Gregory V (Bruno), Pope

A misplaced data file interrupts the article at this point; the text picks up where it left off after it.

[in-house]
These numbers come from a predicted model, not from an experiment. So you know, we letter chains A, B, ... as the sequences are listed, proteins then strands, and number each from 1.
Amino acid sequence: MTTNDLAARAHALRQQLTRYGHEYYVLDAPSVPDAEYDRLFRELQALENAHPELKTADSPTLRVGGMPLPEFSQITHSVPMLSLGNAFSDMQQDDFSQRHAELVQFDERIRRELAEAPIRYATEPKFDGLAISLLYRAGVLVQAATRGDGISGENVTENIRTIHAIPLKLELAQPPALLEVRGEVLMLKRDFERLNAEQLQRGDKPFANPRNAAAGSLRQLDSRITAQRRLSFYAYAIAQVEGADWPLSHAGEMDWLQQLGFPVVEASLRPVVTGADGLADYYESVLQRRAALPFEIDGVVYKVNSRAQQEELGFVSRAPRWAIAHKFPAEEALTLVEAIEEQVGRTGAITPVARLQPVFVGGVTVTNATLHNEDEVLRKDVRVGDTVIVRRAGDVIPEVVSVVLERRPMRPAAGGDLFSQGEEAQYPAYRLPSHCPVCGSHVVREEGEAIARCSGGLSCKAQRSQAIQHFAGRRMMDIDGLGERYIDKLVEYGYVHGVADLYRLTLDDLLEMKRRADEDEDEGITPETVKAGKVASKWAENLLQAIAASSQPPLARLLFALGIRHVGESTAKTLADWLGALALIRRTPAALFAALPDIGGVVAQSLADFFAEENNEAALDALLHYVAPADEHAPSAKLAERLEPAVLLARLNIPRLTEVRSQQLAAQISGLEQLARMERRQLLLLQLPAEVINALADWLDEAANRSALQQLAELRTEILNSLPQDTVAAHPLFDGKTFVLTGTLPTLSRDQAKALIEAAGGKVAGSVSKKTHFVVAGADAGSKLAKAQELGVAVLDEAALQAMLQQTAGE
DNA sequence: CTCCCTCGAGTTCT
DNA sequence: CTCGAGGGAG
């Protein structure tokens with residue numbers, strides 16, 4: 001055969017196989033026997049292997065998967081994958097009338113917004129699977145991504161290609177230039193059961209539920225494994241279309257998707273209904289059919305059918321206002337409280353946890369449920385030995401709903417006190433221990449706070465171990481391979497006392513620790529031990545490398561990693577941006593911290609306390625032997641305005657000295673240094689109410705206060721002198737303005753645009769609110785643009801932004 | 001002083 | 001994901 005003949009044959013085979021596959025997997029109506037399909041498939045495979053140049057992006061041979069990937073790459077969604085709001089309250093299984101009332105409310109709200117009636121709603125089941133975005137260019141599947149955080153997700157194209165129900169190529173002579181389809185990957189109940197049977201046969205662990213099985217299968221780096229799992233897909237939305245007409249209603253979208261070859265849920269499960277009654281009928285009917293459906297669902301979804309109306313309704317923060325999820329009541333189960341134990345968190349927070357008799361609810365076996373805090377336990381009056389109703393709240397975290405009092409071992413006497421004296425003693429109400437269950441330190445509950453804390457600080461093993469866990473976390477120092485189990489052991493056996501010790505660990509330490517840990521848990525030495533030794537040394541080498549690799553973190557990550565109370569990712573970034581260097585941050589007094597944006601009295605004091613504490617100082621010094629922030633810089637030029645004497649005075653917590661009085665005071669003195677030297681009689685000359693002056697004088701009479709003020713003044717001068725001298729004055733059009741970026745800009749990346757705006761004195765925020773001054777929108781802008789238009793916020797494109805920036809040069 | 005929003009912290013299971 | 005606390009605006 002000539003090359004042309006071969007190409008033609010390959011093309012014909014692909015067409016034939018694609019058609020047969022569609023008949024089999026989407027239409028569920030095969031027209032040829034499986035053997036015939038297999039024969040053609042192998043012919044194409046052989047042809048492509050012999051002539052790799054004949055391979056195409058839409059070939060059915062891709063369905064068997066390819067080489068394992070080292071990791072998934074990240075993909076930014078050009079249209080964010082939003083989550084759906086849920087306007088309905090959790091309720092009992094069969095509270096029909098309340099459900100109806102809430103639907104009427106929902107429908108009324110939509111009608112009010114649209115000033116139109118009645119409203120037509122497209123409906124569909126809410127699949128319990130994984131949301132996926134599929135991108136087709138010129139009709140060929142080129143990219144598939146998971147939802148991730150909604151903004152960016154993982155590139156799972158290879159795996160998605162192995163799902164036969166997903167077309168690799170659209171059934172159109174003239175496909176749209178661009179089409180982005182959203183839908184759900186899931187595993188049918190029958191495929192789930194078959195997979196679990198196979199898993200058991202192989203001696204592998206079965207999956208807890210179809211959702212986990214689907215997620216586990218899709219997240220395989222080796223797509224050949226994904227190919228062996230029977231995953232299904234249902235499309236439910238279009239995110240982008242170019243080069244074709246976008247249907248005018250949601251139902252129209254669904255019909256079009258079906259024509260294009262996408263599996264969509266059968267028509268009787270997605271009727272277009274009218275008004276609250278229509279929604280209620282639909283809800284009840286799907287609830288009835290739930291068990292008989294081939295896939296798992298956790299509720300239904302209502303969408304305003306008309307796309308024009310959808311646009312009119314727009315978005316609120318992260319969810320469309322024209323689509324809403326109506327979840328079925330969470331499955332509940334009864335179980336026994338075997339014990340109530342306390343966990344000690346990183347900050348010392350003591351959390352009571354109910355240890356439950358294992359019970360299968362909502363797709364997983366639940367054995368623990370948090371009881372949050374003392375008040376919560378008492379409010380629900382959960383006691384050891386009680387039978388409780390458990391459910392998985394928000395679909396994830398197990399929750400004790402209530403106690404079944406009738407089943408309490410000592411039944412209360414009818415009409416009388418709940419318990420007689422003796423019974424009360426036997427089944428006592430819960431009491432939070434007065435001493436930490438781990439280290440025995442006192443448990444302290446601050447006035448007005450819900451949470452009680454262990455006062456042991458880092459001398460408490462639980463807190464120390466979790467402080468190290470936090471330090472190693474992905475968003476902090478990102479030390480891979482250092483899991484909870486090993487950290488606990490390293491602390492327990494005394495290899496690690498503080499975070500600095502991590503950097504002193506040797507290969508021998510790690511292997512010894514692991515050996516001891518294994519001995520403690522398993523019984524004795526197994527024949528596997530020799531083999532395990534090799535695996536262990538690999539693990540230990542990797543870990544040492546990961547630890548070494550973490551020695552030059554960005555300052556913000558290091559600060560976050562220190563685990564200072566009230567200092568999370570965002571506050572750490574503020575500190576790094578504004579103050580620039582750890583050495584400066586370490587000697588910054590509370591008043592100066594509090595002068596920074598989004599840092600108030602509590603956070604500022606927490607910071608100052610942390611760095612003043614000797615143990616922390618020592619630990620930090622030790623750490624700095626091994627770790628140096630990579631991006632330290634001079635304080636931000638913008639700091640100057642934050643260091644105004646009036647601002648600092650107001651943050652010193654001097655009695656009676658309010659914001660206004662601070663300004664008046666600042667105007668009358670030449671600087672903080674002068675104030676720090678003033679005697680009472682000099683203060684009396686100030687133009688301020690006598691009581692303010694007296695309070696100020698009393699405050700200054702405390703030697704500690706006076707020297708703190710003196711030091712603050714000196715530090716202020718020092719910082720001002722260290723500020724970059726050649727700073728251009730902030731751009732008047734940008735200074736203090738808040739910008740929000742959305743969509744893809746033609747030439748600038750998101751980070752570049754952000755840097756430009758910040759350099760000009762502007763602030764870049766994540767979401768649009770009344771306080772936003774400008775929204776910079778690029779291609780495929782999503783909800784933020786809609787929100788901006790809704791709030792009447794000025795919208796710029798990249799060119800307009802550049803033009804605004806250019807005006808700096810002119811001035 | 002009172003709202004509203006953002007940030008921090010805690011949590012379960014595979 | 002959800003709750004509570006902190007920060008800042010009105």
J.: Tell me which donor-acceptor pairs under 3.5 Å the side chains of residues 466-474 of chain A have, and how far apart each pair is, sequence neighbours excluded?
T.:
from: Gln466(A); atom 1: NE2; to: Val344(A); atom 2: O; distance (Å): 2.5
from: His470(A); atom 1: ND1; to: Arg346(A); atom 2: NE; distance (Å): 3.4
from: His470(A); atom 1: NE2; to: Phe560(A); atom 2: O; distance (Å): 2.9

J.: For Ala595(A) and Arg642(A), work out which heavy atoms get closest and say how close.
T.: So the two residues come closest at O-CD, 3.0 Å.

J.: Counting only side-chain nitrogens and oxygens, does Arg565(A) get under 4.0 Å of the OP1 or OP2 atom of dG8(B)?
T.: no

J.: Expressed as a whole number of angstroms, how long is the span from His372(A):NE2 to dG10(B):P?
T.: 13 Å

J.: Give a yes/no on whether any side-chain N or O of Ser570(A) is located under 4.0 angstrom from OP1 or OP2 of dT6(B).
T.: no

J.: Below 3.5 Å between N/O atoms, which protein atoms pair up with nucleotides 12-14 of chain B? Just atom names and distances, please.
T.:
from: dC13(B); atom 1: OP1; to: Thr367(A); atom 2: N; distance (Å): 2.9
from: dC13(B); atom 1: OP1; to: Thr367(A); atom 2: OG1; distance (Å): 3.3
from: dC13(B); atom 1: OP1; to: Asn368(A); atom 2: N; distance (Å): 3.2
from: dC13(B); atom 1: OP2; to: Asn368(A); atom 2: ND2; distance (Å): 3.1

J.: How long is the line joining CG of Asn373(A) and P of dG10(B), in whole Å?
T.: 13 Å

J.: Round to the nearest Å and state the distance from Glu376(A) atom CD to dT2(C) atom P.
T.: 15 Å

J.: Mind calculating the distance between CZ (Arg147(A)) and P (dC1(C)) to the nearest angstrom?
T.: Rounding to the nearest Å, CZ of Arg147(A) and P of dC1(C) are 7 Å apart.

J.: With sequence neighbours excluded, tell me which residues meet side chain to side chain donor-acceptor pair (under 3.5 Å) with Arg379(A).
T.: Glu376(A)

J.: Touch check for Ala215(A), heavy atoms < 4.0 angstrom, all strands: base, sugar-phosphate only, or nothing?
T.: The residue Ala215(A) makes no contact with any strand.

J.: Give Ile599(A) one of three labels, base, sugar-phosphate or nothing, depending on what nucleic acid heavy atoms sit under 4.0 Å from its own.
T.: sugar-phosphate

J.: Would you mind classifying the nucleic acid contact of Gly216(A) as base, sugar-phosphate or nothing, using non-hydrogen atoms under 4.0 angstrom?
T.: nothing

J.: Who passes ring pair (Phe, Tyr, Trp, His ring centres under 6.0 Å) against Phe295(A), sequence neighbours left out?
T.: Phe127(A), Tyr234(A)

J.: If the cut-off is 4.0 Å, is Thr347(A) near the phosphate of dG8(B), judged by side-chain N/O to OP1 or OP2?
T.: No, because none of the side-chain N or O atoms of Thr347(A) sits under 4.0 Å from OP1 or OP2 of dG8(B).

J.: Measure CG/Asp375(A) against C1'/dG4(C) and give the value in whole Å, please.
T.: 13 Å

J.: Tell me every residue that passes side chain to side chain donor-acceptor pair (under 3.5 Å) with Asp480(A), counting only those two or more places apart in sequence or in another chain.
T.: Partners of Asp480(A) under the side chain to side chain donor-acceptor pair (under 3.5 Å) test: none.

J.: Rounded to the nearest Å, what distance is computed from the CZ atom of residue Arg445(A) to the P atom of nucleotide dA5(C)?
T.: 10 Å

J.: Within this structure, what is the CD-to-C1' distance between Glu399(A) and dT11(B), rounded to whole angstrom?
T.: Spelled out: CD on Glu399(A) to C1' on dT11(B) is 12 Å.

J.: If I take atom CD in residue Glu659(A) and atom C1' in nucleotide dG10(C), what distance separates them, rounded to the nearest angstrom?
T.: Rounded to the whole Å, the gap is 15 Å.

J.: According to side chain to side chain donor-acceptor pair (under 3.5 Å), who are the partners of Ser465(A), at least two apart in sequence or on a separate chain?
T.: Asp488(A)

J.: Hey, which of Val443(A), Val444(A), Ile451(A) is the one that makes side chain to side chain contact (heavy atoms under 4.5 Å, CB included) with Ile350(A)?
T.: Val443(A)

Gregory V (Bruno), Pope was a native of Germany, son of the duke Otho of Carinthia, and nephew of Otho III, king, of Germany. The latter caused him to be elected pope May 17, 996, when he was only 24 years of age. Eight days after, Gregory, in return, crowned his uncle Emperor of the West. As soon, however was Otho had recrossed the Alps, Crescentius, a powerful senator noted for his opposition to the previous pope (John XV), fomented a revolution, took the title of consul, drove out Gregory, and appointed in his place a Greek of low birth Philagathos, bishop of Piacenzas, who took the name of John XVI. The Council of Pavia (997) excommunicated both Crescentius and the and pope. Otho marched against Rome, and John XVI was made prisoner while attempting to escape. The servants of the emperor tore out his tongue, his nose, and his eyes,' and Gregory caused him to be paraded through the streets of Rome covered with the insignia of his office torn into tatters, and sitting backward upon an ass. Crescentius, who had taken refuge in the castle of St. Angelo, was beheaded, in spite of the articles of capitulation, which guaranteed his life. Otho took his widow for a mistress. Robert, king of France, having married his cousin Bertha without dispenesation, Gregory condemned him to do penance for seven years, deposed the archbishop who had officiated at the marriage, and demanded that Bertha should be discarded. Robert refusing to comply, was excommunicated; and so great was at that time the fear inspired by this ecclesiastical punishment, that only two persons dared remain in the king's service, and even they threw into the fire everything he had made use of, for fear of being contaminated by contact with it (P. Damien, Opera, Paris, 1663, fol., Epist. 5). At the end of three years Robert gave up the contest, and discarded Berthen to whom he was much attached. Giegaory died February 11 (or 18), 999, not without suspicion of poison. Several letters and patents of Gregory are contained in Baluze, Miscell. volume 6; five bulls in Ughelli, Italia sacra, 2:352-354; 3:618; 4:98; two in D'Acheay, Spicilegium, volume 6; one in Da Manes, Marca hispanica, page 952; and four letters in Labbe, Concil. 9:752 See Baronius, Annales, 16:345 sq.; F. Pagi. 2:262; J.B. fa Glen, he. 143; A. Duchesne, 1:938; Hoefer, Nouv. Biog. Generale 21:799; Hoefler, Die deutschen Päpste, 1:195.